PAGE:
The menu at Yasmine’s showcases the cuisine of the Mediterranean not inclusive of the foods of Spain, France and Italy. It demonstrates the commonalities of regional foods, preparation styles and spices that cross cultural and religious barriers. It showcases the foods of Palestine, Israel, Turkey, Greece and even parts of North Africa. Rotisserie chicken is on the menu, but you’ve got call in an order a day in advance. Otherwise, every other item is available on-the-spot and ordered from a counter.
Baba Ghanoush, a smoky dip made from eggplant and tahini with a smooth, creamy texture is one of the most popular starters at Yasmine’s and is served with one of the vegetarian platters, too. It makes the perfect dip for the warm, fresh out-of-the-oven pita bread. Open up the pita bread and wisps of fragrant steam escape, an olfactory invitation to an addictive pita. The baba ghanoush, while texturally a success, isn’t spiced quite as heavily as at other Mediterranean restaurants. That is a common theme at Yasmine’s.
Another popular starter is the stuffed eggplant, four eggplant slices stuffed with rice, onion and the restaurant’s special blend of spices. One of the telltale signs of fresh eggplant is its freshness, characterized by an absence of bitterness and the strange “metallic” taste sometimes found in poorly prepared eggplant. Yasmine’s stuffed eggplant is perfectly prepared. It’s neither too mushy nor too chewy. The rice is moist and flavorful with a subtle spice blend that doesn’t dominate the flavor profile.
One of the more intriguing items on the menu is called the Mexiterranean Burger, perhaps the most unique version of the green chile cheeseburger in New Mexico. The patty is made from a marinated ground beef charbroiled and stuffed in a pita then topped with onions, Provolone cheese, tomatoes, tzadziki sauce and Hatch green chile. It’s not only a unique take on a burger, it’s a rather delicious one. As with far too many green chile cheeseburgers, the chile isn’t especially piquant.
Fortunately Yasmine’s condiment offerings include a hot sauce that emboldens the flavors of everything to which it is added. The hot sauce is a Day-Glo colored orange sauce with a peppery piquancy reminiscent of fine cayenne. Best of all, it’s not vinegary as some hot sauces tend to be. This hot sauce is a huge hit on the burger, but even moreso on the accompanying French fries. The fries are strictly out-of-the-bag, but douse them in the hot sauce and their flavor is improved exponentially.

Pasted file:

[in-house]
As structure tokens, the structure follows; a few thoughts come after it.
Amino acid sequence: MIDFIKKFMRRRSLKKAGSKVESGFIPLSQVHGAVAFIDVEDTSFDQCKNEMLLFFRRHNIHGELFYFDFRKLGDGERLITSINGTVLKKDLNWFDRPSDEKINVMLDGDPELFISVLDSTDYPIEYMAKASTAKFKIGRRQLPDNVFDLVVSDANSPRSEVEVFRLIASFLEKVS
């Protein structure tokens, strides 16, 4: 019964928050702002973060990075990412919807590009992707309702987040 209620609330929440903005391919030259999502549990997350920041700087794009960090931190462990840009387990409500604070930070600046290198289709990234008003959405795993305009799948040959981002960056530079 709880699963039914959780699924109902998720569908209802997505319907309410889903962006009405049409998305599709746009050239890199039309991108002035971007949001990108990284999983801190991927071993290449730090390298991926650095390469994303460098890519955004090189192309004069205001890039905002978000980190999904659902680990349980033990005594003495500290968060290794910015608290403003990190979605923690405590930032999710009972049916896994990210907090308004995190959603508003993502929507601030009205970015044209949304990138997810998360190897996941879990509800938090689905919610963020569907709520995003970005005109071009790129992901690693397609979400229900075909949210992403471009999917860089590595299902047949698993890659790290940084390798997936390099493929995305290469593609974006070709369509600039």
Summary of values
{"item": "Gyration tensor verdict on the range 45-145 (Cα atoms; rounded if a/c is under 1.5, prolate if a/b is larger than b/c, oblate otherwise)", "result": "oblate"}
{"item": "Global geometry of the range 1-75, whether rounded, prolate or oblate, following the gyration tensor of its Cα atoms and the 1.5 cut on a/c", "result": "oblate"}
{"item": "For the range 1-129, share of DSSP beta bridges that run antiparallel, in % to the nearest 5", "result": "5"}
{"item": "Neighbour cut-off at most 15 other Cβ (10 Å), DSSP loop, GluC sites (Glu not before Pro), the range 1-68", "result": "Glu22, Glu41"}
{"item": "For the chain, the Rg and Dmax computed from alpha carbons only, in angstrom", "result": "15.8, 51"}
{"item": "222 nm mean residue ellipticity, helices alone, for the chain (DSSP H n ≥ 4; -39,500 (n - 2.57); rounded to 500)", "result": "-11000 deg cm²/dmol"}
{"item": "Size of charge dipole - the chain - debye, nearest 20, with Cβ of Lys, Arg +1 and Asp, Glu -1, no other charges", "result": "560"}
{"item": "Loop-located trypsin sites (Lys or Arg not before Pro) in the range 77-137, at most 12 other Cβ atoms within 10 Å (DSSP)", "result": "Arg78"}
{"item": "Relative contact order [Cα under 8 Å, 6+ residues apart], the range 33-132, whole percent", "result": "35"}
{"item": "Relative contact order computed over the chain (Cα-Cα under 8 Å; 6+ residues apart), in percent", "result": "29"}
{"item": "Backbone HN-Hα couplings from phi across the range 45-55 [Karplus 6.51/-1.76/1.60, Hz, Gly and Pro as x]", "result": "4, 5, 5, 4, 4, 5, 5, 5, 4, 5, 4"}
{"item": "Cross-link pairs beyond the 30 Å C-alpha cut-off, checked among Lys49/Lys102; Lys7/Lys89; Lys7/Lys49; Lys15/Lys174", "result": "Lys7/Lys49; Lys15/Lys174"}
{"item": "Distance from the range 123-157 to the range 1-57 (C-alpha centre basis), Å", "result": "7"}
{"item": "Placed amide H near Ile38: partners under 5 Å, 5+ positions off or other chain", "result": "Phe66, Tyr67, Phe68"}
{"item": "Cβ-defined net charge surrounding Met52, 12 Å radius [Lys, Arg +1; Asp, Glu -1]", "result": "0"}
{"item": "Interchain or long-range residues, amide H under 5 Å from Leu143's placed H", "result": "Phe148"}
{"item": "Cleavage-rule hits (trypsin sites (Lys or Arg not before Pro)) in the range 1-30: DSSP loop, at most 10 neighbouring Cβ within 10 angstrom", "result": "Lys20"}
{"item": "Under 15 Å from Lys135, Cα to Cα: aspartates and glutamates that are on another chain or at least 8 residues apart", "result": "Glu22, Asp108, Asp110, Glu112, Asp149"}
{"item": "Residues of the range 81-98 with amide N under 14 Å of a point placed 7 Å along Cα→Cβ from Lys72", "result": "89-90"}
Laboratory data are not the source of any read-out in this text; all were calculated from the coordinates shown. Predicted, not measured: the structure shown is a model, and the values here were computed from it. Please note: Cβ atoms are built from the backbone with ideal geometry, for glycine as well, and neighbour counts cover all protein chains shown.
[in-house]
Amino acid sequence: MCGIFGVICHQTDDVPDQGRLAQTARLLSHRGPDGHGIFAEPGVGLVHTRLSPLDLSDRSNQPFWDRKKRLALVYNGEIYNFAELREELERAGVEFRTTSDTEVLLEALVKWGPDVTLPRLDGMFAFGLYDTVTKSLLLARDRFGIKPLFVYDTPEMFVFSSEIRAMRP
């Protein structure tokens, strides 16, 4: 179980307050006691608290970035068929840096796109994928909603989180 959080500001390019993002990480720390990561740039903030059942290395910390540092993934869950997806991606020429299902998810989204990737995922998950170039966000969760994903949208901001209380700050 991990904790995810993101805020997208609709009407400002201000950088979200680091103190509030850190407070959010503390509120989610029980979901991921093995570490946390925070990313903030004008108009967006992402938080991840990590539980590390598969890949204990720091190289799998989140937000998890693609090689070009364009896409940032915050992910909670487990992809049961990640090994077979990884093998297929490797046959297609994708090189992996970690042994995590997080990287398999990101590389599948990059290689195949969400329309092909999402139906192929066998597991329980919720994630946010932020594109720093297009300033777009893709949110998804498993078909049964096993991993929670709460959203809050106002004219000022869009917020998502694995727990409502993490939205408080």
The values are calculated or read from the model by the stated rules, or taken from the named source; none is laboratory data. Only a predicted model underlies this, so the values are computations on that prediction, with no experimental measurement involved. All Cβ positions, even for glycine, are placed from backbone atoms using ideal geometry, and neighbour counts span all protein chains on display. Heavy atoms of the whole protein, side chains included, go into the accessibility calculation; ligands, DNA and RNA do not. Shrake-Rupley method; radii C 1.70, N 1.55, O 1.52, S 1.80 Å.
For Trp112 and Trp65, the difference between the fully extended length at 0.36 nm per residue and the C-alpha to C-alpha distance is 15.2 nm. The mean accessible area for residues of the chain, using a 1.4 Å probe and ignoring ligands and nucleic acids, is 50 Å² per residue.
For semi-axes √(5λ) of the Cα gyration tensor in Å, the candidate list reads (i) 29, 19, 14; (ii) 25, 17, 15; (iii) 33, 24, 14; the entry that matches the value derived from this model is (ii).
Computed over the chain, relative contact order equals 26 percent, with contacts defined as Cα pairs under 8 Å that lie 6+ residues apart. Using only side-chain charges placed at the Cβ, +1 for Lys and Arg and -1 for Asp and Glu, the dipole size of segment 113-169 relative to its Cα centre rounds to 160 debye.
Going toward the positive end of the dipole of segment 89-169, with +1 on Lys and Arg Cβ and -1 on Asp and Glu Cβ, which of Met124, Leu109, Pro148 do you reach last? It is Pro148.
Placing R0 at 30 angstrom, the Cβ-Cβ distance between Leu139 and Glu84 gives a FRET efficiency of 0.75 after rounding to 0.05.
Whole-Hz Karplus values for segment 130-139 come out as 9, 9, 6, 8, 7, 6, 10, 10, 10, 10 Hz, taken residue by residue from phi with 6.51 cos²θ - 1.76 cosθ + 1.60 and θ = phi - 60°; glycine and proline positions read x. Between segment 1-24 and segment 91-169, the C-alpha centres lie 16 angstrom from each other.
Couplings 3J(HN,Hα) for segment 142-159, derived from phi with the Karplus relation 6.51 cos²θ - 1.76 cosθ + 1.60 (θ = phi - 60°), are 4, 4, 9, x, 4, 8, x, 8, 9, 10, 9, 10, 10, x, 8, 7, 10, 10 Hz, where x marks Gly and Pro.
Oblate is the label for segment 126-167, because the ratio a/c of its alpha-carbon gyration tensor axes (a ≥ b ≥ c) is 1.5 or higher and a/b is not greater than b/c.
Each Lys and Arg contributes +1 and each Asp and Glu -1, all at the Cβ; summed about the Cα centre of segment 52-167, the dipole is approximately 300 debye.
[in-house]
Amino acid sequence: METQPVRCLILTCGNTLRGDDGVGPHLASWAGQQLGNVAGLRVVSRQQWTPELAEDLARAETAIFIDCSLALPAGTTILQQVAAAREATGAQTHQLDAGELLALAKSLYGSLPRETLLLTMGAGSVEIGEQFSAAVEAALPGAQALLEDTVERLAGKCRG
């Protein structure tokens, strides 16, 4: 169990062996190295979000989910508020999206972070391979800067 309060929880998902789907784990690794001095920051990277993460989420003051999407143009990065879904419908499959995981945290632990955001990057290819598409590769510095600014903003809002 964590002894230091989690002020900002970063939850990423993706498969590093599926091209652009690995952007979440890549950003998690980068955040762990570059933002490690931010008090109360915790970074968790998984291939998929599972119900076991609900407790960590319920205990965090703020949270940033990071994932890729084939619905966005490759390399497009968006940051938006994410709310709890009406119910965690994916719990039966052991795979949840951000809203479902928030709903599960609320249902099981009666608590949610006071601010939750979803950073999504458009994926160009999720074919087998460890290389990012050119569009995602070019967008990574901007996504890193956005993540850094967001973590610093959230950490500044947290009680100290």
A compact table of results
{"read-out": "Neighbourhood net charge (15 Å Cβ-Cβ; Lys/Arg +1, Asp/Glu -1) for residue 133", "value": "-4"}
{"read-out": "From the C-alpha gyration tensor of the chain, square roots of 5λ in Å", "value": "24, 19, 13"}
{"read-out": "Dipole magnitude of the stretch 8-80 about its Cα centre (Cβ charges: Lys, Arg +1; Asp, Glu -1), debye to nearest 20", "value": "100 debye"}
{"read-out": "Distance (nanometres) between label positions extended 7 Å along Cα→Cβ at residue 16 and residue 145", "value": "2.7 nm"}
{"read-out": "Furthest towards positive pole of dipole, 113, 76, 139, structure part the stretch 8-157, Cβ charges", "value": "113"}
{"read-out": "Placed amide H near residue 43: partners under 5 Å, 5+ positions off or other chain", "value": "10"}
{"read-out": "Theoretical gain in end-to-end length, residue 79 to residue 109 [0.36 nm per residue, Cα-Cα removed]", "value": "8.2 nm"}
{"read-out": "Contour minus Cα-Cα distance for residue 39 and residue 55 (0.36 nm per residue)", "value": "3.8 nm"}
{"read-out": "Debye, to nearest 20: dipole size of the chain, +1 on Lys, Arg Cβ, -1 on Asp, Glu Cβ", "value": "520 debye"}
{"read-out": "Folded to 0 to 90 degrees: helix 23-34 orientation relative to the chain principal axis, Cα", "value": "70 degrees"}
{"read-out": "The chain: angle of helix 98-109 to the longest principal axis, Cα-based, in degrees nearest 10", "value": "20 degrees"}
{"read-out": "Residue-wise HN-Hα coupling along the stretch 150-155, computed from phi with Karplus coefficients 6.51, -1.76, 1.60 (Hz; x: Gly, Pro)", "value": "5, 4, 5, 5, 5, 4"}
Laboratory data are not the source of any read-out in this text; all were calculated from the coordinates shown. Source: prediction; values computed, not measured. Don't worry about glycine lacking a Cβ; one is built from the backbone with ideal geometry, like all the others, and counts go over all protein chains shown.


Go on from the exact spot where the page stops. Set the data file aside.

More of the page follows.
The Chicken Shawarma, boneless chicken marinated in special spices, slowly roasted and thinly sliced is apportioned generously and served on a bed of fluffy rice with lettuce, tomatoes, and red onions on the side. Ask for a side of sumac to add just a bit of tartness to what is surprisingly an under-seasoned entree. There’s no disputing the quality of the boneless chicken, but a more liberal use of spices would improve its flavor profile. So will the aforementioned hot sauce.
The original owners of Yasmine’s made the very best pistachio baklava in New Mexico. It was one of my very favorite desserts and best reason for the restaurant. Alas, pistachio baklava is no longer on the menu, but the baklava on the menu is stuffed with finely crushed walnuts. The walnuts cut the cloying taste of honey to prevent a mad sugar rush, but they’re not quite as wonderful as the pistachios. We found the layers of phyllo pastry somewhat chewy with little flakiness.
Yasmine’s Cafe offers several delicious choices for vegetarians and vegans. Frankly, it offers something for just about every discerning diner. It’s the type of restaurant in which peace talks could certainly be inspired.
1600 Central, S.E.
Albuquerque, New Mexico
LATEST VISIT: 1 May 2013
# OF VISITS: 7
BEST BET: Baba Ganouj, Walnut Baklava, Chicken Shawarma, Mexiterranean Burger, Stuffed Eggplant, Pita Bread